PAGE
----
M3 picking lists in Google Glass @ Inforum

I am very pleased to announce that after months of working here and there in the evenings voluntarily after work hours, I finally completed and presented both my demos of M3 picking lists in Google Glass and Augmented Reality at Inforum. They were a success. I showed the demos to about 100 persons per day during six days flawlessly with very positive reception. The goal was to show proof of concepts of wearable computers and augmented reality applied to Infor M3. My feet hurt.


This is my second Glass app after the one for Khan Academy.

This Glass app has the following features:

  • It displays a picking list from Infor M3 as soon as it’s created in M3.
  • For each pick list line it shows the quantity (ALQT), item number (ITNO), item description (ITDS), and stock location (WHSL) as aisle/rack/level.
  • It displays the pick list lines as a bundle for easy grouping and finding.
  • It shows walking directions in the warehouse.
  • It has a custom menu action for the picker to mark an item as picked and to change the status of that pick list line in M3.
  • It uses the built-in text-to-speech capability of Glass to illustrate hands-free picking.
  • It’s bi-directional: from M3 to Google’s servers to push the picking list to Glass, and from Google’s servers to M3 when the picker confirms a line.
  • The images come from Infor Document Management (formerly Document Archive).
  • I developed the app in Java as an Infor Grid application.
  • I created a custom subscriber and added a subscription to Event Analytics to M3:MHPICL:U.
  • It uses the Google Mirror API for simplicity to illustrate the proof-of-concept.

I have been making the resulting source code free and open source on my GitHub repository, and I have been writing the details on this blog. I will soon post the remaining details.


I want to specially thanks Peter A Johansson of Infor GDE Demo Services for always believing in my idea, his manager Robert MacCrate for providing the servers on Infor CloudSuite, Philip Cancino formerly of Infor for helping with the functional understanding of picking lists in M3, Marie-Pascale Authié of Infor Pre-Sales for helping me setup and create picking lists in M3 and for also doing the demo at Inforum, Zack Makris of Infor Labs for providing technical support, Jonathan Amiran of Intentia Israel for helping me write the Grid application, and some people of Infor Product Development that chose to remain anonymous for helping me write a Java application for Event Hub and Document Archive. I also want to specially thank all the participants of Inforum whom saw the demo and provided feedback, and all of you readers for supporting me. And I probably missed some important contributors, thank you too. And thanks to Google X (specially Sergey Brin and Thad Starner) for believing in wearable computers and for accelerating the eyewear market.


Here below are the screenshots from androidcast. They show the bundle cover, the three pick list lines with the items to pick, the Confirm custom menu action, the Read aloud action, and the walking directions in the warehouse:

result0_ result1_ result2_ result3_ result3c_ result3r result4_


Here below are three vignettes of what the result would look like to a picker:

1 2 3



Here are some photos at Inforum:

In the Manufacturing area:



In front of the SN sign:


Holding my Augmented Reality demo:

Playing around with picking lists in virtual reality (Google Cardboard, Photo Spheres, and SketchFab):
bild 3

Playing around with picking lists in Android Wear (Moto 360):


That’s it! If you liked this, please thumbs up, leave a comment, subscribe to this blog, share around you, and come help me write the next blog post, I need you. Thank you!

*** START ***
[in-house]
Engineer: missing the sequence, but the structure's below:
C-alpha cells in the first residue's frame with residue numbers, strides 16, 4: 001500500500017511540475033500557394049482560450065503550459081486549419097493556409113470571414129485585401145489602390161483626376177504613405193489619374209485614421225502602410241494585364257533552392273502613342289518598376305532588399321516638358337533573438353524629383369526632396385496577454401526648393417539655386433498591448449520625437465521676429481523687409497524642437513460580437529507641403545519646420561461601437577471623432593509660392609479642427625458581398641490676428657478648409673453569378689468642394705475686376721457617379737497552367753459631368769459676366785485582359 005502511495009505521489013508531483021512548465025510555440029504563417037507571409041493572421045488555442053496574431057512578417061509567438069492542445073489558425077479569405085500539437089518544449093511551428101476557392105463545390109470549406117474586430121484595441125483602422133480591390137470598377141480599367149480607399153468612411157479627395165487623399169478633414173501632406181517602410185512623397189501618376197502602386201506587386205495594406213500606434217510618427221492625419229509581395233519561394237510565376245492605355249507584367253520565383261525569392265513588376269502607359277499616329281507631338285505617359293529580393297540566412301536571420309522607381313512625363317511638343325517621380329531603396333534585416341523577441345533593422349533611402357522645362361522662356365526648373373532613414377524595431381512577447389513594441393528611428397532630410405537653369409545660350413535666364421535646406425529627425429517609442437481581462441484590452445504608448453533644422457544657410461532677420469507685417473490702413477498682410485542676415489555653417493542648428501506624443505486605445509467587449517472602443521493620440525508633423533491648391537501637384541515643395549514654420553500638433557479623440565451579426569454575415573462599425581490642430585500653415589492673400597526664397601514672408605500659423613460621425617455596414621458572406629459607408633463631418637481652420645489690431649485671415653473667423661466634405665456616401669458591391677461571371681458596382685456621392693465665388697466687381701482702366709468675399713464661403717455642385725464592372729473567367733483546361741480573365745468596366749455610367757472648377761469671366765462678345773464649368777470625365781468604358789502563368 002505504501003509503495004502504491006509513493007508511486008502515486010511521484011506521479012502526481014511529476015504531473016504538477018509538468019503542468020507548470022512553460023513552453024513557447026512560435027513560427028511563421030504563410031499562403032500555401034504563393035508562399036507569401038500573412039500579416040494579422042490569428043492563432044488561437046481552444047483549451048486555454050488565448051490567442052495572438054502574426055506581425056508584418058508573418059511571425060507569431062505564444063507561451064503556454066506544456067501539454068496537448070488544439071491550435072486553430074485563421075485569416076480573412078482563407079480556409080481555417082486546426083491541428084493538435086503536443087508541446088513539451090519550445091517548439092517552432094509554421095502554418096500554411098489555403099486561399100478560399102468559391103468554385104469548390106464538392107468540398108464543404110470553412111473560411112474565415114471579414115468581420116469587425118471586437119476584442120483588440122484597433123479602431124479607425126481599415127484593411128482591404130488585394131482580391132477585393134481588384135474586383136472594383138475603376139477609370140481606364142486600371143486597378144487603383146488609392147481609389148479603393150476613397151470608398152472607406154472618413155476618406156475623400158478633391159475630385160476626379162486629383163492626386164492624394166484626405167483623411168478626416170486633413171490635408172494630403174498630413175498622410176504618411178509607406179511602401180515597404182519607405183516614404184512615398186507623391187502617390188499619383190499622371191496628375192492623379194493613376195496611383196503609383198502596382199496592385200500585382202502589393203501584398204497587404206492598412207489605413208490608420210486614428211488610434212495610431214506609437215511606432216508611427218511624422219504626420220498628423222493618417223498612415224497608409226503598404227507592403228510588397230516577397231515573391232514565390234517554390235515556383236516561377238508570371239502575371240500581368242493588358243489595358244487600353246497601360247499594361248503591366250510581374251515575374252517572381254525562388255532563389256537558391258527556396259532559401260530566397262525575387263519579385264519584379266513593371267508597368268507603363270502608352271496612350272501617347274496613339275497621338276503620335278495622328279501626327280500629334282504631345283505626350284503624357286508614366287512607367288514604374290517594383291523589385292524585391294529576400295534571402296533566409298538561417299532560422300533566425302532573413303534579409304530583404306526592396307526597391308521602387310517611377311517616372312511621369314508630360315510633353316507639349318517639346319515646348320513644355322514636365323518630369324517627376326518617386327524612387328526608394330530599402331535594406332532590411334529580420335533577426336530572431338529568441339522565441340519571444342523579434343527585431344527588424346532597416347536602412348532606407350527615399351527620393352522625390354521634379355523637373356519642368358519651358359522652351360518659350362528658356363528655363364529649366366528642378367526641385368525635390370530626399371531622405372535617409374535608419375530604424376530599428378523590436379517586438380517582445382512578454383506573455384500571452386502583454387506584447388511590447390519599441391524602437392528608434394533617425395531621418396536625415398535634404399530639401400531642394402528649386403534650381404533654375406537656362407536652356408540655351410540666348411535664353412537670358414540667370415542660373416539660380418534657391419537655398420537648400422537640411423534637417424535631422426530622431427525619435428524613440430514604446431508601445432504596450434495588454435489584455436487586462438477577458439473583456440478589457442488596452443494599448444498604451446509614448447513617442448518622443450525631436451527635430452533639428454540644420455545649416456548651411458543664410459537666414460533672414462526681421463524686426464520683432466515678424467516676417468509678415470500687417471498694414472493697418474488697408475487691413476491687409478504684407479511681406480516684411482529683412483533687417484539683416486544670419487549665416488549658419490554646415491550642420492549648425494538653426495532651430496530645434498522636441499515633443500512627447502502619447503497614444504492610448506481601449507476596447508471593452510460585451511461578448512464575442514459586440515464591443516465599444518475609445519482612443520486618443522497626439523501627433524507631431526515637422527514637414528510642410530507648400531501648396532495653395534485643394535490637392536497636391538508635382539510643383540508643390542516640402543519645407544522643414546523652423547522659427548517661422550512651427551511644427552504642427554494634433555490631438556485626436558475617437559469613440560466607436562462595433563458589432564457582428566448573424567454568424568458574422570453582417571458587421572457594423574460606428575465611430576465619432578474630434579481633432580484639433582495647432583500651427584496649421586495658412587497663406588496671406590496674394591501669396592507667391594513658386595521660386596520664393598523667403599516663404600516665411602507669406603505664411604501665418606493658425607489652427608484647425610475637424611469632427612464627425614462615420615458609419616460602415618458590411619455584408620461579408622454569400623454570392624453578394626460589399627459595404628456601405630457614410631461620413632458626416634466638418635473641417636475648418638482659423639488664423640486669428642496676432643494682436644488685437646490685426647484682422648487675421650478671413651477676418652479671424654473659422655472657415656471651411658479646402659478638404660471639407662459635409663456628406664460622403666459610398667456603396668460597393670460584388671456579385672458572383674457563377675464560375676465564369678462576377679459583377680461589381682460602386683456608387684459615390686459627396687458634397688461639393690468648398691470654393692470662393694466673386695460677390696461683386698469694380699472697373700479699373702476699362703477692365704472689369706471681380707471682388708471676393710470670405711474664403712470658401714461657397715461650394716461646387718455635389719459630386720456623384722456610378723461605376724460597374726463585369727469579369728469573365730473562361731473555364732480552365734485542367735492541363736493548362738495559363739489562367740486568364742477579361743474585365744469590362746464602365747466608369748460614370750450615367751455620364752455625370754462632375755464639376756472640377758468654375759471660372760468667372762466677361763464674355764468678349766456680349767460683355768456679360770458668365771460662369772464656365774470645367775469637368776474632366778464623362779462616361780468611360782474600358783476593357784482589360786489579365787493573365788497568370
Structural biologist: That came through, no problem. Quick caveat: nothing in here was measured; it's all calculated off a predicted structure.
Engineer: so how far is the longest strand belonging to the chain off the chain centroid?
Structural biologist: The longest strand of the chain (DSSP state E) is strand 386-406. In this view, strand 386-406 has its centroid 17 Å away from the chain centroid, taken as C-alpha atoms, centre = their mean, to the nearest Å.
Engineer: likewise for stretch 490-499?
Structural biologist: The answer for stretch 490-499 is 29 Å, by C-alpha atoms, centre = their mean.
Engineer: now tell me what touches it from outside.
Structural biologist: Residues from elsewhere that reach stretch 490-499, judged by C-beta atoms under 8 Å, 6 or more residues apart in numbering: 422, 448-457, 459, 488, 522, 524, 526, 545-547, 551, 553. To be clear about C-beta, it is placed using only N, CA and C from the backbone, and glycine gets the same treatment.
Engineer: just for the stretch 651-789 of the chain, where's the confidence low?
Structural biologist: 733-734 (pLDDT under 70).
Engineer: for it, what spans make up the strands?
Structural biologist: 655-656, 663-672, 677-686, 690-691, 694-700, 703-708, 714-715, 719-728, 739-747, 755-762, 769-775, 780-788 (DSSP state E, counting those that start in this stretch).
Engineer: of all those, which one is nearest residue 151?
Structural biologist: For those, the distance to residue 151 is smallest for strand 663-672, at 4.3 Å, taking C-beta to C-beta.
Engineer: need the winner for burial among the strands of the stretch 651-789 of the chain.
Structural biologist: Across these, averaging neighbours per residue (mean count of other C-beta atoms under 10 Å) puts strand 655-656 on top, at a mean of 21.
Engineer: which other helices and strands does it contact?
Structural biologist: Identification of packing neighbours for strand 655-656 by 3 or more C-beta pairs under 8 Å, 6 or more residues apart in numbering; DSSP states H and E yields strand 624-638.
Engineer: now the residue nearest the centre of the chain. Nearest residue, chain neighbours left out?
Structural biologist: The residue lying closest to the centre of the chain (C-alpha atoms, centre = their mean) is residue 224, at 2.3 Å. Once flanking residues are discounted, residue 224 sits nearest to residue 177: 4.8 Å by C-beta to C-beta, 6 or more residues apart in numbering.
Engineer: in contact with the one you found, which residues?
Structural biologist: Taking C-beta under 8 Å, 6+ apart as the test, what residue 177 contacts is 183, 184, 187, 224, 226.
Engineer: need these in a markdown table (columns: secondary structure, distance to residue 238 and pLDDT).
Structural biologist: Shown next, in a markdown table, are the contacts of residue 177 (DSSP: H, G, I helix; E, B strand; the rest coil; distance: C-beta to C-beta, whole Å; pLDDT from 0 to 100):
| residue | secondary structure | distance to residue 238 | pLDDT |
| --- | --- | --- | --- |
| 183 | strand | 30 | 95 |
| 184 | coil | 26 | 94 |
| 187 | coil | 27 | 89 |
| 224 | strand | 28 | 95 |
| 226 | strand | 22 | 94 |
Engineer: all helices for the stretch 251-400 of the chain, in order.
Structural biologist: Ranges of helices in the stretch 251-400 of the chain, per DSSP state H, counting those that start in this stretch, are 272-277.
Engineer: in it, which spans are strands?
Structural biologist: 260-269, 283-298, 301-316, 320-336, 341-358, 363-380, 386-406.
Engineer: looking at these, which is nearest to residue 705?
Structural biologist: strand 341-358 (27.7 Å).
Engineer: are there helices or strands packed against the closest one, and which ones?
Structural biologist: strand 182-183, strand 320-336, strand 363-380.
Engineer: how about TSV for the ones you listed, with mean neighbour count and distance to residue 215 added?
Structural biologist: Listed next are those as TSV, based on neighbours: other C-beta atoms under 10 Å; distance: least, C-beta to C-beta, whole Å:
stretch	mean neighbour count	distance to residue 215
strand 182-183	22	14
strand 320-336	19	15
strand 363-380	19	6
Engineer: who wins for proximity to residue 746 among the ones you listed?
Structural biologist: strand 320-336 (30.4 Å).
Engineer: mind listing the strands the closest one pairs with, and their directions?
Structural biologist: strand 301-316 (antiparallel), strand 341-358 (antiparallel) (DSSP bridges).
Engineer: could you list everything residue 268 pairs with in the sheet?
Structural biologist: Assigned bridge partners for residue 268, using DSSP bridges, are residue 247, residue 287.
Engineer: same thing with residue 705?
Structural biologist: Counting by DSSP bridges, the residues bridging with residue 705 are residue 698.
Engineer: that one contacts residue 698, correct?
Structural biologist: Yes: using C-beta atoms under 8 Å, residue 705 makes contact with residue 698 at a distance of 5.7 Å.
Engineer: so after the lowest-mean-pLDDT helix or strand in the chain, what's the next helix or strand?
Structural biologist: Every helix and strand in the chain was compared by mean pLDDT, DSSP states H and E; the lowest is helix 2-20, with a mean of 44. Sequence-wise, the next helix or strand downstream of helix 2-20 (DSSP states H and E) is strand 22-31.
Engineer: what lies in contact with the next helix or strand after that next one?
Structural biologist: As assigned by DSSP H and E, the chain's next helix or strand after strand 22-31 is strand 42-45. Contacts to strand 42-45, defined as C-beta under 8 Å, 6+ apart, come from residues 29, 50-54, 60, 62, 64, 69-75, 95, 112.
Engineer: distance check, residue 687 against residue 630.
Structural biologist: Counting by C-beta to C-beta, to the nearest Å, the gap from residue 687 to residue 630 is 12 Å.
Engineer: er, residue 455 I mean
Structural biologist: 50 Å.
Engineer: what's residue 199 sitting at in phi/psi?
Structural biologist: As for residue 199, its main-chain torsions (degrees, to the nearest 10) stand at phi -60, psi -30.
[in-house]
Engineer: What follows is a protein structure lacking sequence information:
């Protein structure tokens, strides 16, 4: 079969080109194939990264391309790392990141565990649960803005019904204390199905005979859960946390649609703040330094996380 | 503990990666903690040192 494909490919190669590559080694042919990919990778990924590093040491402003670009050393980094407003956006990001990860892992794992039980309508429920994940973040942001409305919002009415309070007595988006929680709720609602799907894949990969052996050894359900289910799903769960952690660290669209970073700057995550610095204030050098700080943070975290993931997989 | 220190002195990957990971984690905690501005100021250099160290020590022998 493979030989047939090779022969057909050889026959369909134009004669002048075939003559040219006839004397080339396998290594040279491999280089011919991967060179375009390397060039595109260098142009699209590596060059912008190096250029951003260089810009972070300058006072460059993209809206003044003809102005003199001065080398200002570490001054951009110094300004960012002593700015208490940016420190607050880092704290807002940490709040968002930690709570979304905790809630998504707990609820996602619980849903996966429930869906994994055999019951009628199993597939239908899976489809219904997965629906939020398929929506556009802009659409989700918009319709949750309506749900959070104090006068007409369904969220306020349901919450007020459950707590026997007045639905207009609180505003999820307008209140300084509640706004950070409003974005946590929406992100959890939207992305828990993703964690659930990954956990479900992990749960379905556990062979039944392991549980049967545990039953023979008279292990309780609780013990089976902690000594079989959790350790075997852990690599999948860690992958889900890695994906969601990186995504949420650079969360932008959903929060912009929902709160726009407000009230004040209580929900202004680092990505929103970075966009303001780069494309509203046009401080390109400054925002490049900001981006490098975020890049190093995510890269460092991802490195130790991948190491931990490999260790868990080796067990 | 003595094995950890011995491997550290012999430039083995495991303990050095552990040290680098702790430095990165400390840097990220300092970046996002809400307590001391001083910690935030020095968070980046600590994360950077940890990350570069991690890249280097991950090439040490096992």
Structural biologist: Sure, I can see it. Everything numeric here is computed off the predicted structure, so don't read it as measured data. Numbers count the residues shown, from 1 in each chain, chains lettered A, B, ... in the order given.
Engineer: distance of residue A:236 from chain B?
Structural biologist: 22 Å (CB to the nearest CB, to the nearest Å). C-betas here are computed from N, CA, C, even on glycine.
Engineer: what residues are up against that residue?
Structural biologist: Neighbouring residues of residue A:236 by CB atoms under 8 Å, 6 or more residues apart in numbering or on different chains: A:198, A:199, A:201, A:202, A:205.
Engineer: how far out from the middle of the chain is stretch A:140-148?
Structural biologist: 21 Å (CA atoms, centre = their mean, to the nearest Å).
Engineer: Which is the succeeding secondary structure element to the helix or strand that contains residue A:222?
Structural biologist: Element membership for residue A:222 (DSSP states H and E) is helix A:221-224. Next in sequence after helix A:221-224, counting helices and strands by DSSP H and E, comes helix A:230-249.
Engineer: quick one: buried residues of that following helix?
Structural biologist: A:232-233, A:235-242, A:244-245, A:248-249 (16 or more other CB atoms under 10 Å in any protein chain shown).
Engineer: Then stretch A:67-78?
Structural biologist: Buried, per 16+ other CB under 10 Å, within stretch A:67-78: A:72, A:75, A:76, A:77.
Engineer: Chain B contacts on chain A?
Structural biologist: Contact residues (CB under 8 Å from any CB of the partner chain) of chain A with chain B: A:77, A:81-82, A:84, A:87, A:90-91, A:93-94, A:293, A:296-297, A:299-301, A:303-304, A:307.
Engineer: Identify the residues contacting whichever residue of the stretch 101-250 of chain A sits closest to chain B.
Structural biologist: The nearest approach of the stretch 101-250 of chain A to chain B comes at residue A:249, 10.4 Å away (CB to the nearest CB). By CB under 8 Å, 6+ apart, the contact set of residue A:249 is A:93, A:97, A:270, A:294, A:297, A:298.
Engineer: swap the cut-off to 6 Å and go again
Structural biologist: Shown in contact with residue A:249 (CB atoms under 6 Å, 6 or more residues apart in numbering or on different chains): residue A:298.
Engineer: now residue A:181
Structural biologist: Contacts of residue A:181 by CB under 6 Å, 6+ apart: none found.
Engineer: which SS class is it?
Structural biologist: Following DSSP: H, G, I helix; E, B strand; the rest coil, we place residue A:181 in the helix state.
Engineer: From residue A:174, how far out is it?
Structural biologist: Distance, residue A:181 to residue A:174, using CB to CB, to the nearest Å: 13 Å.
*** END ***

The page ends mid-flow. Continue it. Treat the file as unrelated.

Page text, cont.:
How to run a Google Glass app in Infor Grid

Today I will detail the steps to run a Google Glass app in Infor Grid. This is part of my project to have M3 Picking Lists in Google Glass.

For that, I will develop a very simple Glassware using the Google Mirror API Java Quick Start Project, and I will use the technique I learned in Hacking Infor Grid application development. The integration will be bi-directional: the Grid app will communicate to the Glass API on Google’s servers to insert cards in the timeline, and conversely when the user replies to a timeline card Google’s servers will send notifications to the Grid app provided it is located at a routable address with a valid SSL certificate.

This is a great demo of the integration capabilities of the Infor Grid. I worked a little bit here and there on evenings and week-ends over several months, and I distilled the resulting steps here and in a 15mn video so you can play along. You will need a pair of Google Glass.

STEP 1: Setup Eclipse with Maven

I will start with the instructions for the Google Mirror API Java Quick Start Project:

For the Prerequisites I need Java 1.6 and Apache Maven for the build process. I will download Eclipse IDE for Java Developers that has the Maven plugin integrated:step1

STEP 2: Setup the Glass Mirror API Java Quick Start Project

Then, I will download the Glass Mirror API Java Quick Start Project from the GitHub repository:

Then, I will import it in Eclipse as an Existing Maven Project with the pom.xml:

I will import the Infor Grid library grid-core.jar:

Then, I will replace some of the source code to adapt it to the Infor Grid, using Eclipse File Search and Replace:

I will replace the code for the Logger in all files (from/to):

import java.util.logging.Logger;
import com.lawson.grid.util.logging.GridLogger;
Logger LOG = Logger.getLogger
GridLogger LOG = GridLogger.getLogger

Then, I will add the context path to the URLs of all files (from/to):

url.setRawPath(req.getContextPath() +
$1httpRequest.getContextPath() + "/

For the subscription to notifications I will replace the callback URL in NewUserBootstrapper.java by a routable FQDN or IP address with a valid SSL certificate to handle the notification:

Subscription subscription = MirrorClient.insertSubscription(credential, WebUtil.buildUrl(req, "/notify").replace("m3app-2013.company.net", ""), userId, "timeline");

Then, I will replace the code in NotifyServlet.java that processes the notification from the HTTP request body because apparently notificationReader.ready() always returns false in the Infor Grid and that throws IllegalArgumentException: no JSON input found. Here is the new code: